“Remember that time you drove all night / Just to meet me in the morning?”
—Conor Oberst, “First Day of My Life”
Once, during my teenage years, I was sitting on a sticky chair of an airport gate, writing in my journal about a destination now forgotten. Unable to focus on the page in that soft chaos that pervades even the most orderly of airports, I looked up in resignation, only to catch sight of a father and his child. The father, who couldn’t have been older than thirty, was bouncing his infant child up and down. At first, the bouncing boy’s face was blank, unsure how to react to the forced movement. He then exploded into a fierce grin, accompanied by a rollicking laugh.
Touched by the child’s happiness, I looked to his dad, who was staring at his offspring in pure wonder. Until then, I thought of having children as nothing but a logical step of any long-term relationship, originally compelled by evolution and further encouraged by societal mores. In that moment, however, I realized the selflessness required to have a child, to put someone into the world with no conception of that creature’s ultimate fate. I closed my journal, content to watch a father witness his creation transcend biology and tradition by merely being in the throes of its own existence.
In the summer of 2015, my family brought home our very first dog, a golden doodle we named Ginger after the muted colors of her fur. So incessant was she about jumping onto new acquaintances to greet them, we quickly learned to tell house guests to “just push her off.” Over the next few months, Ginger became particularly attached to our dad. Whenever Dad leaves the house, Ginger follows him to the door, where she waits until he returns. When the pandemic forced him to convert our basement into a home office, Ginger decided to shift her preferred nap location from the rug in the living room to the false putting green next to the desk.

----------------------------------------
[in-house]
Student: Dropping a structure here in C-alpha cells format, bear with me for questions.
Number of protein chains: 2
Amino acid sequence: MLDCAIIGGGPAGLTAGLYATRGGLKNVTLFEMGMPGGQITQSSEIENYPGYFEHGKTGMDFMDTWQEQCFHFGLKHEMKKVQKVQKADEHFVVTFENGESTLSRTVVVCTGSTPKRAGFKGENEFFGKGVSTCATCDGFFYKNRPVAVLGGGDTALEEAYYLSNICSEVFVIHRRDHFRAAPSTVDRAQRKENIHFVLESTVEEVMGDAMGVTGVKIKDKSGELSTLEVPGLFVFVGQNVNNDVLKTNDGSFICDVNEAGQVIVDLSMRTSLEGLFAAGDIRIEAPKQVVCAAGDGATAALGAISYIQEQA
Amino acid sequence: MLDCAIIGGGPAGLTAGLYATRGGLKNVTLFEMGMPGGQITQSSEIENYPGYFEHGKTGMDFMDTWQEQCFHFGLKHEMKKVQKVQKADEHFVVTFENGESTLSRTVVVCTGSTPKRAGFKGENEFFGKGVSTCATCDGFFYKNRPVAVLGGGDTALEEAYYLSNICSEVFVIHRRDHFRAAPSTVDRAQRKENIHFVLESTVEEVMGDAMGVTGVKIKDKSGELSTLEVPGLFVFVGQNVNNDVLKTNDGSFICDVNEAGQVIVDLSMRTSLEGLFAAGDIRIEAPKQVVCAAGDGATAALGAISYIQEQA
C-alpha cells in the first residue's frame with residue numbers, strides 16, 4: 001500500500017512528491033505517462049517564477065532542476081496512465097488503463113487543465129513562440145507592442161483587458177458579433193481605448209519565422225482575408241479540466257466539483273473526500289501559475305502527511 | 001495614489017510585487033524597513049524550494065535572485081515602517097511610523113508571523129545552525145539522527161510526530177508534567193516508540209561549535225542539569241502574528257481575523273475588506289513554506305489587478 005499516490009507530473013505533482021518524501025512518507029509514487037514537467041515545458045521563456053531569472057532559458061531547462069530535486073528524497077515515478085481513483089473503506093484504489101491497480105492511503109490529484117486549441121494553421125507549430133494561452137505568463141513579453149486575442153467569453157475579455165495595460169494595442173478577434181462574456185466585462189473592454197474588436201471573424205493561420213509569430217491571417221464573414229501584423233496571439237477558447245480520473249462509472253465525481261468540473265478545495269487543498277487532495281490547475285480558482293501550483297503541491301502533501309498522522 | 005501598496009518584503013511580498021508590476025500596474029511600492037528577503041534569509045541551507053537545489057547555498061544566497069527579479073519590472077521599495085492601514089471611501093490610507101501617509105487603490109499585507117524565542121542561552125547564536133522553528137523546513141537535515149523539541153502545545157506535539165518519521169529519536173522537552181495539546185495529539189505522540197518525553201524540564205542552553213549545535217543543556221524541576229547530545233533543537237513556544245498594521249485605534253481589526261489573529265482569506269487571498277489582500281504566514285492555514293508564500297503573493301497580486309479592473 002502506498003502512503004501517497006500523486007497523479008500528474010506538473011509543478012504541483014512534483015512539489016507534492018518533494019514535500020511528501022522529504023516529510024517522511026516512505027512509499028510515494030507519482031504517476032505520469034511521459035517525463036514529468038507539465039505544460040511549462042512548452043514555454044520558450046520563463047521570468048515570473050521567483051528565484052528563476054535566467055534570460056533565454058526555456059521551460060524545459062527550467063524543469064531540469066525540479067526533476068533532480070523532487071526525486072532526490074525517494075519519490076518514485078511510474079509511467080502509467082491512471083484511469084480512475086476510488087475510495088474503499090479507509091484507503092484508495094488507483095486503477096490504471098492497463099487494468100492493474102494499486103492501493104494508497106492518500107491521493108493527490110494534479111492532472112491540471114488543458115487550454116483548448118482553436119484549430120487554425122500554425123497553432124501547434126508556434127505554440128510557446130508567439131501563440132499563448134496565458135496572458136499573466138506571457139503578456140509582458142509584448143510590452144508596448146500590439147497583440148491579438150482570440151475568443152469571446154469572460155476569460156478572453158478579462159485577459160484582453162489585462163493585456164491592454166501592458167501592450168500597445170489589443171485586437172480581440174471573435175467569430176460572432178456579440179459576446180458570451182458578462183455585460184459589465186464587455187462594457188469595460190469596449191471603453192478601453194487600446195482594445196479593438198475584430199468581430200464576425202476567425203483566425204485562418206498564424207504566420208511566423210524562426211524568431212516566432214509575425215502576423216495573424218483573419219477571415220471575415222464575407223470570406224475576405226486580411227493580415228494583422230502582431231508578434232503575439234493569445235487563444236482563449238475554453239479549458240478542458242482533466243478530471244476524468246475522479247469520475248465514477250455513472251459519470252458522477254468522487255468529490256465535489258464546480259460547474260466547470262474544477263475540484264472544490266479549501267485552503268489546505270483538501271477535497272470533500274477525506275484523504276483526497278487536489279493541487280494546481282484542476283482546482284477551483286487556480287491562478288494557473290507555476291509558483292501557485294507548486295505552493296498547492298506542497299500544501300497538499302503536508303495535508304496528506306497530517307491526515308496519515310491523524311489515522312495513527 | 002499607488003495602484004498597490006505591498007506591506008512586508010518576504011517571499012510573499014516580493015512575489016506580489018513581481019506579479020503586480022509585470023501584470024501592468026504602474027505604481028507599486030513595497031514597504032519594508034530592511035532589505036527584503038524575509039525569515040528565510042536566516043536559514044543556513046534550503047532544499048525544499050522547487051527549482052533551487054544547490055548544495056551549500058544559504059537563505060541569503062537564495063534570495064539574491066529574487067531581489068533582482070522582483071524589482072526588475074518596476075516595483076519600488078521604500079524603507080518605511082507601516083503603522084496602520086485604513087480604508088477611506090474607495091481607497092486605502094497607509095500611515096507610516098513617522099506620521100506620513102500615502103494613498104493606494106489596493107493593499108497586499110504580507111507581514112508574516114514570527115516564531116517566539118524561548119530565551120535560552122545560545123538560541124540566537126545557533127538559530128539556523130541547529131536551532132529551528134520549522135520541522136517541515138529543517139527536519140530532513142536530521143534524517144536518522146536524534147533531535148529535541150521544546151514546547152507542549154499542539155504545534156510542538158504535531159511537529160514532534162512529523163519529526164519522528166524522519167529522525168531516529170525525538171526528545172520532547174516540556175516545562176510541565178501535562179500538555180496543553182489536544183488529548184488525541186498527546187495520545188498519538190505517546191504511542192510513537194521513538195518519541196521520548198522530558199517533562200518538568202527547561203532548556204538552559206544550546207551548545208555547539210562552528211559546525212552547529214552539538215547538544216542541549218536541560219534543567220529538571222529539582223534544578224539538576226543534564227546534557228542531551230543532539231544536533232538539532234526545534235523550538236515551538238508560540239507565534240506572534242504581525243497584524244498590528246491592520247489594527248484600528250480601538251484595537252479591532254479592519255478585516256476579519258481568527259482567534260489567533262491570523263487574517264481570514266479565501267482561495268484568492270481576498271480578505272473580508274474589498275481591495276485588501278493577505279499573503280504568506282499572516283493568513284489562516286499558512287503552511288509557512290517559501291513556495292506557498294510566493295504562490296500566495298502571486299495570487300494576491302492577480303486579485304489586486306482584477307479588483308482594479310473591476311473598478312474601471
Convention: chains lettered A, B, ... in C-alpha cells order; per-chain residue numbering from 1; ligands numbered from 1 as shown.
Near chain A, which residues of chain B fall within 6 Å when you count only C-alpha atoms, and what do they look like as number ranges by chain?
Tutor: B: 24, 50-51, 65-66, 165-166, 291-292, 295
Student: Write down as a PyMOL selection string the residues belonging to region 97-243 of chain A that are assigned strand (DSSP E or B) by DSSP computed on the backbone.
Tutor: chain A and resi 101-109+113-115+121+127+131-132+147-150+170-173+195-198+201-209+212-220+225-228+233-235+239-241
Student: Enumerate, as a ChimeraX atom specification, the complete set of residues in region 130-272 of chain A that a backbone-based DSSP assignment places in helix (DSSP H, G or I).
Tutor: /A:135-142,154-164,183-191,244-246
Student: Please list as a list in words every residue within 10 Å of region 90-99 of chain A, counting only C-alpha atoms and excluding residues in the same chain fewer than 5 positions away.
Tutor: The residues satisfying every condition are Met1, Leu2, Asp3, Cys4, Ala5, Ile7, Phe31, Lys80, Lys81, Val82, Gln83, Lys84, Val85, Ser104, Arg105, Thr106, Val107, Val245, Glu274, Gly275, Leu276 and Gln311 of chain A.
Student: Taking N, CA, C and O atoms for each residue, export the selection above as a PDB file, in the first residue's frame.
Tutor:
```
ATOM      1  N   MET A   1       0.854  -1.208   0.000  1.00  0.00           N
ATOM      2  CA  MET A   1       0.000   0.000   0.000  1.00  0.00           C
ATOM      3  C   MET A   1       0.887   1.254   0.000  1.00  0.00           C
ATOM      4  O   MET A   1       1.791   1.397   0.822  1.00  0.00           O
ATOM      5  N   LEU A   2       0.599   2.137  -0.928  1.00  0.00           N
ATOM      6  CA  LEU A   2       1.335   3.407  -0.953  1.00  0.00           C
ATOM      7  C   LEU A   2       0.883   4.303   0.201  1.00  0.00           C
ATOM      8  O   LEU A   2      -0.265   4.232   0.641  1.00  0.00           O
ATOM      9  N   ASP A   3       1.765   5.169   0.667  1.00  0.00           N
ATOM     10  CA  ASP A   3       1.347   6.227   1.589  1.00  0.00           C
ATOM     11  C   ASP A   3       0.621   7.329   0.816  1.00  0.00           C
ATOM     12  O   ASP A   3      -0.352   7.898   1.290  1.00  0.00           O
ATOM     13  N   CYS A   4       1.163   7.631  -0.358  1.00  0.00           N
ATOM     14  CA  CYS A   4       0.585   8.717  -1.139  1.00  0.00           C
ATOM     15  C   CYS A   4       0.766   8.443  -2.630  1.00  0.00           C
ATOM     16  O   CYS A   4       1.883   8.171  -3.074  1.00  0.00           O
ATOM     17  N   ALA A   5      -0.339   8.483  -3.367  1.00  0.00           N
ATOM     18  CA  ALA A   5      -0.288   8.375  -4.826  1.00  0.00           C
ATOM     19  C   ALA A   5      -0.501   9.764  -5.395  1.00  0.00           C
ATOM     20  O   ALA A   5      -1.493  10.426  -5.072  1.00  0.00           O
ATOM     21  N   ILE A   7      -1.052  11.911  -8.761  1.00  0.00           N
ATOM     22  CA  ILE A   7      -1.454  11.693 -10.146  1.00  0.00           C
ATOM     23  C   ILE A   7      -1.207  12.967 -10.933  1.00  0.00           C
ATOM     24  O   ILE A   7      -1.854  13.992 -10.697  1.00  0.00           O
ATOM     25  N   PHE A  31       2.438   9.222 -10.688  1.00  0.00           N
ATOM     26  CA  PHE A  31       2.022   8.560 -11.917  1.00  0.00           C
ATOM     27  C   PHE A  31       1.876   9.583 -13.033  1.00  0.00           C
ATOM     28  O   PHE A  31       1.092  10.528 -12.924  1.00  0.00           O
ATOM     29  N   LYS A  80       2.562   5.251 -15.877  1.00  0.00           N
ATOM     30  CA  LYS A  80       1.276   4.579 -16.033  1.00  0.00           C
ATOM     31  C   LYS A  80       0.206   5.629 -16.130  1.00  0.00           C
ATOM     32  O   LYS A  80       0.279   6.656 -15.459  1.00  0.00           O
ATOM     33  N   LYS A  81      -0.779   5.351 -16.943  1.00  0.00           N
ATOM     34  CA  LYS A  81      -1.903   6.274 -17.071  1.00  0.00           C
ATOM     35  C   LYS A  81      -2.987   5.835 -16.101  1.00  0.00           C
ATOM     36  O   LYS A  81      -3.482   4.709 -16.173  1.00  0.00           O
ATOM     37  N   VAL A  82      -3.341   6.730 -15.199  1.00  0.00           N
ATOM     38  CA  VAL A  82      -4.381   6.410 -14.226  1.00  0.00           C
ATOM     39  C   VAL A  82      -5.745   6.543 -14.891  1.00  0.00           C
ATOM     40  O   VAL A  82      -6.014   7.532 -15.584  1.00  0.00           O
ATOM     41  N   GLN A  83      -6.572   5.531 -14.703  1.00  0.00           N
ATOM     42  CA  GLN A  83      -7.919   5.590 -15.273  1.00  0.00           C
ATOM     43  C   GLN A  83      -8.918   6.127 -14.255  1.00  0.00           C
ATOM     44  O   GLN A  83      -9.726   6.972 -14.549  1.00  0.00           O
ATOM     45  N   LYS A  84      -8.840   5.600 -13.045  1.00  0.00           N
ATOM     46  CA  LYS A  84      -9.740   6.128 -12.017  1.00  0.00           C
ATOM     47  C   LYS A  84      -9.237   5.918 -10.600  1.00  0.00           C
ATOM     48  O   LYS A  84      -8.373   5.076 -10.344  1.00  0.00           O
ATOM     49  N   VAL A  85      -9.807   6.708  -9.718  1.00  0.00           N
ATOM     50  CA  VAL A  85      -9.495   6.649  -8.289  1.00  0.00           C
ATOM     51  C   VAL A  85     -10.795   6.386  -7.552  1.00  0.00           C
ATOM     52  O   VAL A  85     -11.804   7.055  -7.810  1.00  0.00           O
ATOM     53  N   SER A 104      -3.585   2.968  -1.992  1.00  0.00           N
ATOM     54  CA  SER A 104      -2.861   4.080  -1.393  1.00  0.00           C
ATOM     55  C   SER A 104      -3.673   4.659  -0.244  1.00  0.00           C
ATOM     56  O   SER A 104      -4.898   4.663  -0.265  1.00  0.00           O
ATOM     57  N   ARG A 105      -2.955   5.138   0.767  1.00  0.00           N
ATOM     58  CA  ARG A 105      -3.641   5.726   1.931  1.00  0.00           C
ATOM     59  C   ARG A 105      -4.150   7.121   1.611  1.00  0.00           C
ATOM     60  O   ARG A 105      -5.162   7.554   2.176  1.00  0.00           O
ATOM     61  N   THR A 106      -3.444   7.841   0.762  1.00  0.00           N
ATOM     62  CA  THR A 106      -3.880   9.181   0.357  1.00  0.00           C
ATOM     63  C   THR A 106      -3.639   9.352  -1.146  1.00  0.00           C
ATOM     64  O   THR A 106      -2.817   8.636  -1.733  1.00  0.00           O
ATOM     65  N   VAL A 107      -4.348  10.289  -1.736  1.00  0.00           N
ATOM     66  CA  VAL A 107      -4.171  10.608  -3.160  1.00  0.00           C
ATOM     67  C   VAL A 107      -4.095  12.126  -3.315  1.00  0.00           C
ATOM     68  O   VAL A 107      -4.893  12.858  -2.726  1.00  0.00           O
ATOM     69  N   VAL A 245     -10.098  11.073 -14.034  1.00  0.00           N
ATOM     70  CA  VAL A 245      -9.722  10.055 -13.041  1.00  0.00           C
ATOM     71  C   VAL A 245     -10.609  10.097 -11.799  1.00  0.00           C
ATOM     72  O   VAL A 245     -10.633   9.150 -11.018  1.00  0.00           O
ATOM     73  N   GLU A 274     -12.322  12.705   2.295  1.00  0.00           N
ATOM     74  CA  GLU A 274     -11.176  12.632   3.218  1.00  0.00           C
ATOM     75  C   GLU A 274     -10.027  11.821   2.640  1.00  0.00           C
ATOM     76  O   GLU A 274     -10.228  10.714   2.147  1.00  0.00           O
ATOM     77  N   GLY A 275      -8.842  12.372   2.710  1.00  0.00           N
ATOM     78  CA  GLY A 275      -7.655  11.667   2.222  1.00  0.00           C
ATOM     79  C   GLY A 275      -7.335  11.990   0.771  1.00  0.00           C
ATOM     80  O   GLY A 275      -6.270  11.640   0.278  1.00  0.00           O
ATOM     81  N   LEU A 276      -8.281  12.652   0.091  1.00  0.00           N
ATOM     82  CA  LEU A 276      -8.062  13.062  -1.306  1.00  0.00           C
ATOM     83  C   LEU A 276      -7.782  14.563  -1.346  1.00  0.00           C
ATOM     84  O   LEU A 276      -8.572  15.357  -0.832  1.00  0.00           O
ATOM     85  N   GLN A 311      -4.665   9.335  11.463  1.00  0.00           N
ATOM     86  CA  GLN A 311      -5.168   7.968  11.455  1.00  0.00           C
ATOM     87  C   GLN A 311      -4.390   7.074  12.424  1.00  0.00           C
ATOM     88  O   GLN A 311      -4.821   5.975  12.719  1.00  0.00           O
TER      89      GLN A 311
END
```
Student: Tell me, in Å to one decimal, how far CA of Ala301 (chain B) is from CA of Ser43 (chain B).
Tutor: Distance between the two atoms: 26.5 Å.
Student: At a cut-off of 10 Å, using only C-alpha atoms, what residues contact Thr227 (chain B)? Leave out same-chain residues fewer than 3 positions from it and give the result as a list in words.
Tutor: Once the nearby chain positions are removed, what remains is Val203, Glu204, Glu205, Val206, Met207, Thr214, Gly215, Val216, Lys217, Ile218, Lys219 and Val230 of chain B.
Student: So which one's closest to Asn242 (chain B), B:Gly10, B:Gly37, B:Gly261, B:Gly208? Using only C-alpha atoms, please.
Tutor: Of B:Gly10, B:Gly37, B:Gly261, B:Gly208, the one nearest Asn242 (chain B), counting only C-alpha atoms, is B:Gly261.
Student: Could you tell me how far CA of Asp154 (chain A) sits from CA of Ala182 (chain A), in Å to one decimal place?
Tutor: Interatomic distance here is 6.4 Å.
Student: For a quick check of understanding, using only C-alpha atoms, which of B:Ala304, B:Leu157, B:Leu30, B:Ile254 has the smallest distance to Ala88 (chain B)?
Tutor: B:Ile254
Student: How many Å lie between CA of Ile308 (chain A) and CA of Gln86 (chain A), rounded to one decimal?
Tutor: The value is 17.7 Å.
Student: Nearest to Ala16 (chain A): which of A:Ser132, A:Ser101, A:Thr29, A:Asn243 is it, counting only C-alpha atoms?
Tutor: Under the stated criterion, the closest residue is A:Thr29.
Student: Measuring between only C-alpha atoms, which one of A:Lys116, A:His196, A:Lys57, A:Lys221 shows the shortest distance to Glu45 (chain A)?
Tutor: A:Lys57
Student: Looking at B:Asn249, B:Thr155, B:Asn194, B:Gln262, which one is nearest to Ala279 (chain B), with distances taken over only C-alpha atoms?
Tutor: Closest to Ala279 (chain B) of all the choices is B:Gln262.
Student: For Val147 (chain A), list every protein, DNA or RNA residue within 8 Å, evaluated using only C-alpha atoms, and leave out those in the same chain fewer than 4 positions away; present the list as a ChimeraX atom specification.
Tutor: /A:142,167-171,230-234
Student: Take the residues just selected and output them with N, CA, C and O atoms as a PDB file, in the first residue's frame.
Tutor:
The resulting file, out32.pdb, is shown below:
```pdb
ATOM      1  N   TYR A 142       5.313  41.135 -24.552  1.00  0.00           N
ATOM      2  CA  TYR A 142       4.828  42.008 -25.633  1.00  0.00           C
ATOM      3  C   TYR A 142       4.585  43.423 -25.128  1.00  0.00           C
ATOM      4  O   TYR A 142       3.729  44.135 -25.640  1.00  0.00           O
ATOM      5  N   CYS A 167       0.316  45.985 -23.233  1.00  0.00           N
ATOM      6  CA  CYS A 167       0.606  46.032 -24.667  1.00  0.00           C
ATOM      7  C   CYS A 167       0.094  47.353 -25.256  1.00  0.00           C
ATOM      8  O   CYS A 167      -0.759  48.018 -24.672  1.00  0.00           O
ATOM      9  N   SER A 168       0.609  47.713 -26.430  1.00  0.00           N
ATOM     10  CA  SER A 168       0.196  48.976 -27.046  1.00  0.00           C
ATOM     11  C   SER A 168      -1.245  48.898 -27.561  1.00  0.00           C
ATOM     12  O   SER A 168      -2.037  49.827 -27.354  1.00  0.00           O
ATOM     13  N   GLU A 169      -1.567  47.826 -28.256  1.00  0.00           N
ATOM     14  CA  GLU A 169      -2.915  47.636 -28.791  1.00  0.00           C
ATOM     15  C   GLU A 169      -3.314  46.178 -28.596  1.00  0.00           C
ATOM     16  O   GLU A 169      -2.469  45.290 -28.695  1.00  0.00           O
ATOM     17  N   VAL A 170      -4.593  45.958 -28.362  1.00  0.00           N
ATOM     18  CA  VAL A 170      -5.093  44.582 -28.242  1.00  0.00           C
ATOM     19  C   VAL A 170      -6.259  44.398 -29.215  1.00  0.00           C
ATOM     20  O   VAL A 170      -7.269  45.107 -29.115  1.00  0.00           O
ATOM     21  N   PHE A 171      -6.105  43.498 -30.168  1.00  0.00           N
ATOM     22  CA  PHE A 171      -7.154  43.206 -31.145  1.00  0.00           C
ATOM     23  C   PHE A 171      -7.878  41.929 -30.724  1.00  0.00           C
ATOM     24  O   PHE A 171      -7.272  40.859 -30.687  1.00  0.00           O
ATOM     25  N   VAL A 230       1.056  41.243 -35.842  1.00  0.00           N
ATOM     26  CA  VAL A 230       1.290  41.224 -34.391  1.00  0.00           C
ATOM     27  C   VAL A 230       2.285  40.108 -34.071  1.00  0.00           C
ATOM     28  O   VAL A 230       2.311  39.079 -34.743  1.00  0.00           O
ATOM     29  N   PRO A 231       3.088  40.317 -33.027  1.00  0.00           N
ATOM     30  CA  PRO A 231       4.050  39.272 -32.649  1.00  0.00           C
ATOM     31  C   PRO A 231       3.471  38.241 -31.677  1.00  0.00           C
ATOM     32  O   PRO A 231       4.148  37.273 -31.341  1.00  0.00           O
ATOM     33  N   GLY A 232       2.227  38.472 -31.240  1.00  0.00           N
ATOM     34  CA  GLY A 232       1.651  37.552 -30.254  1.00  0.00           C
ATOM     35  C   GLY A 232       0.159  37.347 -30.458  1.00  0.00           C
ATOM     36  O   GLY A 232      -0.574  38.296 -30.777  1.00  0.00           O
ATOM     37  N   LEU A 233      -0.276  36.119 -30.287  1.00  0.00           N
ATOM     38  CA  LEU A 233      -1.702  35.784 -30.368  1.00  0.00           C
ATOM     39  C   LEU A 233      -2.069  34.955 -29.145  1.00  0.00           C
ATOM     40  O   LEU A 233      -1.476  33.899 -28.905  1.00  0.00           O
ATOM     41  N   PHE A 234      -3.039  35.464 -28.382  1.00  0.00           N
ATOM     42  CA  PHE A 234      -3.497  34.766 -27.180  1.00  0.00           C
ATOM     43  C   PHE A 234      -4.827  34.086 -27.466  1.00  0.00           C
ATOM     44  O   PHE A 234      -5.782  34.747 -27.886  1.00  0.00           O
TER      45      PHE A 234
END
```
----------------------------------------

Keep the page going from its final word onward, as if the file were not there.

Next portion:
One February in college, Claire fell ill with mono. Despite having spent significant time with her over the preceding weeks, her partner Dylan did not meet the same fate. She, on the other hand, missed an entire week’s worth of classes, spending most of her time either in bed or else on the couch in her common room. Feeling bad that she was suffering without him, Dylan took charge of her recovery, doing her laundry and bringing her fluids. Her favorite was blue Gatorade, which she would guzzle down in generous gulps anytime she awoke from a nap.